Tower Private Advisors
In lieu of a report last Friday, here’s a very brief look at the week ahead. It’s not looking good for a Weekly Recap & Outlook this Friday.
- Q3 Earnings season wrapping up
- Payrolls report not as bad as some characterized it
- A look at the economic releases for the week
With 17 companies in the S&P 500 reporting earnings this week, the Q3 earnings season wraps up. Thus far, postive earnings surprises account for 69.2% of the releases. That’s not quite as good as the last quarter, when 71.1% of companies beat the estimates. On average, companies reported year-over-year earnings growth of 16.69%. That’s slightly better than the 16.22% pace of the second quarter, but it doesn’t look the disaster that one might have expected in the midst of the summer stock carnage.
Last Friday, the market ostensibly declined because of a less-than-stellar Nonfarm Payrolls report. Economists had expected that 95,000 were added in October; instead, just 80,000 were added. Part of the miss had to be because of increased optimism by economists following Wednesday’s ADP Employment Change report. That report ostensibly sparked a rally that day, when it was reported that 110,000 private sector jobs had been added, above the 100,000 that economists had expected. The Unemployment Rate fell to 9.0% from 9.1%. For that 91st person of 100 who found the job, the 0.1% is clearly important. With respect to the economy, as a whole, cheerleaders need not apply.
There was, however, some good news buried in the release. First, payrolls for the last two months were raised by 102,000, which is better than an icepick to the forehead. Second, recall that there are two surveys conducted by the Bureau of Labor. The Establishment Survey canvases large employers, while the Household survey canvasses households, which, necessarily, includes smaller employers than in the former. While the Establishment Survey figure was the lowest in four months, the Household survey was virtually as high as anytime in the last 18 months.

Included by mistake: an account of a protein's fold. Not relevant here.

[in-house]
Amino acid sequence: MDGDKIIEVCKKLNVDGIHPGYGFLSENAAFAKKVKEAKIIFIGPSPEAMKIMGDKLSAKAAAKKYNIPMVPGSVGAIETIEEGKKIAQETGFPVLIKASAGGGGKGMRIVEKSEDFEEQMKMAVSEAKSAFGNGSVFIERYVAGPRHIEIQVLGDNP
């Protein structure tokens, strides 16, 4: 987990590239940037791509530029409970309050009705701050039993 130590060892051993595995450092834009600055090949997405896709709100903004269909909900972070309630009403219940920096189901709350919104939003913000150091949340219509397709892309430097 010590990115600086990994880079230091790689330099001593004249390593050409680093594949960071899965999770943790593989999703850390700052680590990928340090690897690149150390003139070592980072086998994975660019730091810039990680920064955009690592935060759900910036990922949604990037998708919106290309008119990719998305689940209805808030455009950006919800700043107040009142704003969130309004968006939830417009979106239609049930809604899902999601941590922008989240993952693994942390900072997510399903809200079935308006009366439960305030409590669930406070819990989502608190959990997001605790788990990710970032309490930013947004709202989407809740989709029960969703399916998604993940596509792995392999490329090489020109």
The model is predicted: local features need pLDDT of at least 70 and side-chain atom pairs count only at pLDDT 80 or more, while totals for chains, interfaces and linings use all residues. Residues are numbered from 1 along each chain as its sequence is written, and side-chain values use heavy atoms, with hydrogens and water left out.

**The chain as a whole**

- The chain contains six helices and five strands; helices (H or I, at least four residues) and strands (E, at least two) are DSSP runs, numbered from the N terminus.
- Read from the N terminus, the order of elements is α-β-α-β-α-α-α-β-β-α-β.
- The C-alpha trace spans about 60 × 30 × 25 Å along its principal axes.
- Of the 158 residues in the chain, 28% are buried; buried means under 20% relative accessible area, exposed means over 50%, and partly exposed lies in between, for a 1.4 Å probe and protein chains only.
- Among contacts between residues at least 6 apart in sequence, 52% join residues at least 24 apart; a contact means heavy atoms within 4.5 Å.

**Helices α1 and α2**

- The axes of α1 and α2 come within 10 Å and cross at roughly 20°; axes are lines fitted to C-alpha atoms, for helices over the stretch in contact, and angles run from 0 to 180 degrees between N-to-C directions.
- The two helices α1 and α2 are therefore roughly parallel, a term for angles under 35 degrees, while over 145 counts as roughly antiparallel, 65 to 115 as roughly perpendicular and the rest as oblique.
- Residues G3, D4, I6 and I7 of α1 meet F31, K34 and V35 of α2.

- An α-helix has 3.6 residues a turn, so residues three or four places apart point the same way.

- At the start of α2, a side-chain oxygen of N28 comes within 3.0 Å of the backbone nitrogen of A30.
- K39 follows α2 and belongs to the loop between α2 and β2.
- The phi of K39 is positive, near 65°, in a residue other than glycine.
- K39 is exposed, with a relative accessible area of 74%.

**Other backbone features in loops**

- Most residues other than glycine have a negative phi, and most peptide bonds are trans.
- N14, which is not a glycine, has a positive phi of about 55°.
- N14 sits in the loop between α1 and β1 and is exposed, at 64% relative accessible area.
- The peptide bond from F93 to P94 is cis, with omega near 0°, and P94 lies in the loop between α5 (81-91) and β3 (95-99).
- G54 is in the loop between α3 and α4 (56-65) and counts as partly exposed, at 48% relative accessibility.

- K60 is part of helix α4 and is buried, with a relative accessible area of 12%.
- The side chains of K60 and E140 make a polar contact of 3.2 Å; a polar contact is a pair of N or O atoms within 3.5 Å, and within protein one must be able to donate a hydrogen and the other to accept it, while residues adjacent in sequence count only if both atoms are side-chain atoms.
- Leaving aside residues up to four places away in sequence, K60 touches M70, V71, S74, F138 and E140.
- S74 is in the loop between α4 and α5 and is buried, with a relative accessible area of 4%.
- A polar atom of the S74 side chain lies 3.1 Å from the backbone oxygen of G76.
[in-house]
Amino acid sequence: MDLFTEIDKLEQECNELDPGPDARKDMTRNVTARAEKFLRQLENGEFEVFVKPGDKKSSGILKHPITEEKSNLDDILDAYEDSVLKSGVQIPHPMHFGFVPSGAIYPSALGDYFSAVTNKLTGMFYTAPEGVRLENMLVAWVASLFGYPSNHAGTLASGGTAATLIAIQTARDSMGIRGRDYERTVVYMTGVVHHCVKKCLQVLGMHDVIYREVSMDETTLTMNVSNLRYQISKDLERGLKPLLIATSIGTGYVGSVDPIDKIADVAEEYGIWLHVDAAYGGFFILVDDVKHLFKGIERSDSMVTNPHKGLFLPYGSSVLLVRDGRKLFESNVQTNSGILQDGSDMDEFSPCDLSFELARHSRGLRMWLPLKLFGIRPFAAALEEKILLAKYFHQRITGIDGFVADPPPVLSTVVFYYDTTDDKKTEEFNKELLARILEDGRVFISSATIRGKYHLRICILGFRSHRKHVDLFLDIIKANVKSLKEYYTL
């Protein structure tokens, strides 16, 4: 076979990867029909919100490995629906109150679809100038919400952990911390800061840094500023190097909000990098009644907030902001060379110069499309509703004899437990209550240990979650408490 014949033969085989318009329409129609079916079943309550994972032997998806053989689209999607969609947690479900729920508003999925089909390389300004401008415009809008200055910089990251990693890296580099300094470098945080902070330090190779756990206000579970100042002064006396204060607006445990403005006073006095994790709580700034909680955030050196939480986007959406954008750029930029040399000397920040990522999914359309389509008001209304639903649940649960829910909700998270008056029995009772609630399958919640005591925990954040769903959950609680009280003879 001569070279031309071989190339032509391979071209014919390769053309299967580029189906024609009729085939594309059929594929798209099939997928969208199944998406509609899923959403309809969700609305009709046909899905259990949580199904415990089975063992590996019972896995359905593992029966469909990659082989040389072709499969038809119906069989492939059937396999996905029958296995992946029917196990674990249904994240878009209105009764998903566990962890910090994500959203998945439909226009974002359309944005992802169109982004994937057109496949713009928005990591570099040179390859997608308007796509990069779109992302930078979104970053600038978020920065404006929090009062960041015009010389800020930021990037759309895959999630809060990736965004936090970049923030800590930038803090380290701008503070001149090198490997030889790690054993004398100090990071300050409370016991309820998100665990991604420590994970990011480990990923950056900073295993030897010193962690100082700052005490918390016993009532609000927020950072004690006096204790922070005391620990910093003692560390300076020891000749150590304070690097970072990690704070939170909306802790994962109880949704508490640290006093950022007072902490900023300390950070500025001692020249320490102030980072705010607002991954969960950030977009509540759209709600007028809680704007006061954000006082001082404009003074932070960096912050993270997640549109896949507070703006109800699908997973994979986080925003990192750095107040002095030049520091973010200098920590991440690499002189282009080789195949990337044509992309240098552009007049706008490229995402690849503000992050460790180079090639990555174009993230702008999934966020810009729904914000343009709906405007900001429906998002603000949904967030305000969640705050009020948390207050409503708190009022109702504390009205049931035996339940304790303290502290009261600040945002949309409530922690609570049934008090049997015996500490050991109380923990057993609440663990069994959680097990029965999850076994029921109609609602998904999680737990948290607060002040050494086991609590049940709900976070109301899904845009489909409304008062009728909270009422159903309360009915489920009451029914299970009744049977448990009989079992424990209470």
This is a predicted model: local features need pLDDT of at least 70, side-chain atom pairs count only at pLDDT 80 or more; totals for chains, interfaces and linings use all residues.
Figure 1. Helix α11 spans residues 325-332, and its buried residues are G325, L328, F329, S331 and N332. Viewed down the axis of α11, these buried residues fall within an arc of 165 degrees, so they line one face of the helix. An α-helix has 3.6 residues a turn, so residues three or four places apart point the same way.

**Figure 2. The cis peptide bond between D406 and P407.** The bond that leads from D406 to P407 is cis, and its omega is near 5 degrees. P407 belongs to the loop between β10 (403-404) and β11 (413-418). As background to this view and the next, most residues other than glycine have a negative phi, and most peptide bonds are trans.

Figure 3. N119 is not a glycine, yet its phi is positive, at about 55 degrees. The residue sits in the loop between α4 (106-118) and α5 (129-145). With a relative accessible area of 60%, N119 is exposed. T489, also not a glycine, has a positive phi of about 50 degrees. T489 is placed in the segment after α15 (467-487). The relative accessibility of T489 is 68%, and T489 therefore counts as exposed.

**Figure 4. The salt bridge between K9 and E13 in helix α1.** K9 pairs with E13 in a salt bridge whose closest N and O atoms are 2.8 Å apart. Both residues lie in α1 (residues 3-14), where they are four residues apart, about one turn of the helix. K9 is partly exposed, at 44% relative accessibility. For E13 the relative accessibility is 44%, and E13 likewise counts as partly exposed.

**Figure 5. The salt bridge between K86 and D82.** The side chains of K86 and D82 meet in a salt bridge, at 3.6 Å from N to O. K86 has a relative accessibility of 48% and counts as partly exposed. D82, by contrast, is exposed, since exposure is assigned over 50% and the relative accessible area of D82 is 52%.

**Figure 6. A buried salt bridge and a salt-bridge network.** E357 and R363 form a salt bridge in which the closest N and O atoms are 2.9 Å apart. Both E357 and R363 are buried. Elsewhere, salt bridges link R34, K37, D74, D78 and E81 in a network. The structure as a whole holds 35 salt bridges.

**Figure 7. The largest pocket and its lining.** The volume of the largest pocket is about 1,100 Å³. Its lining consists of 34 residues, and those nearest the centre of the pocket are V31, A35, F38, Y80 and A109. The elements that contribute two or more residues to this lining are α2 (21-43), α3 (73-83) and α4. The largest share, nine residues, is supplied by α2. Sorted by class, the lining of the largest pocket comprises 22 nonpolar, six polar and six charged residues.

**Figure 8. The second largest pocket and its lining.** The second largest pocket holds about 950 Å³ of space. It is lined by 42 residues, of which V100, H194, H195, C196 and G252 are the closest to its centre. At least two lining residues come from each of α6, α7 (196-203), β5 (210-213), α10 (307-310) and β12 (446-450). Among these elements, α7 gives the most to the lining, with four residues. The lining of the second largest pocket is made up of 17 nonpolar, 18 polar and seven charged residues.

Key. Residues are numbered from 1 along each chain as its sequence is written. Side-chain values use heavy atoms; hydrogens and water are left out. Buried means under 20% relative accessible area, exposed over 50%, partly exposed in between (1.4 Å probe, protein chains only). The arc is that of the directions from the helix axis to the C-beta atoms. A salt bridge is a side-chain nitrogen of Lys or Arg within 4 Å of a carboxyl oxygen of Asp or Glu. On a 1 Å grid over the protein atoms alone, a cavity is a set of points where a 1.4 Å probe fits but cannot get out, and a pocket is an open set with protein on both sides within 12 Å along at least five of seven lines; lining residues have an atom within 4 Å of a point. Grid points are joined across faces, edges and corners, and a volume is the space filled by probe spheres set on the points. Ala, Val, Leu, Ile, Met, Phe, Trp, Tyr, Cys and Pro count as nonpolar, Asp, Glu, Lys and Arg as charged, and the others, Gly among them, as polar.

There’s not a lot on tap this week in terms of economic indicators. Tuesday morning will give us a glimpse at the small business sector, with the release of the National Federation of Independent Business’ Small Business Optimism index. This should be one of our best gauges for hiring, as the small business sector is, of course, the engine of jobs growth in the U.S. Here’s an excerpt from the Small Business Administration’s FAQ:
Represent 99.7 percent of all employer firms.
Employ half of all private sector employees.
Pay 44 percent of total U.S. private payroll.
Generated 65 percent of net new jobs over the past 17 years.
Create more than half of the nonfarm private GDP.
Hire 43 percent of high tech workers ( scientists, engineers, computer programmers, and others).
Are 52 percent home-based and 2 percent franchises.
Made up 97.5 percent of all identified exporters and produced 31 percent of export value in FY 2008.
Produce 13 times more patents per employee than large patenting firms.
The chart below gives a look at the overall Optimism index (top panel) and the Hiring Plans index (bottom panel). Not surprisingly, optimism waned through the summer, bottomed out at the end of August, and bounced a little. Hiring plans, however, didn’t. Still hiring plans remain in a gradual upward trend.
On Tuesday, the Bureau of Labor Statistics will release its monthly report on Job Openings and Labor Turnover (JOLTs) index. This indicator has been around since 2000, and it provides a wealth of information.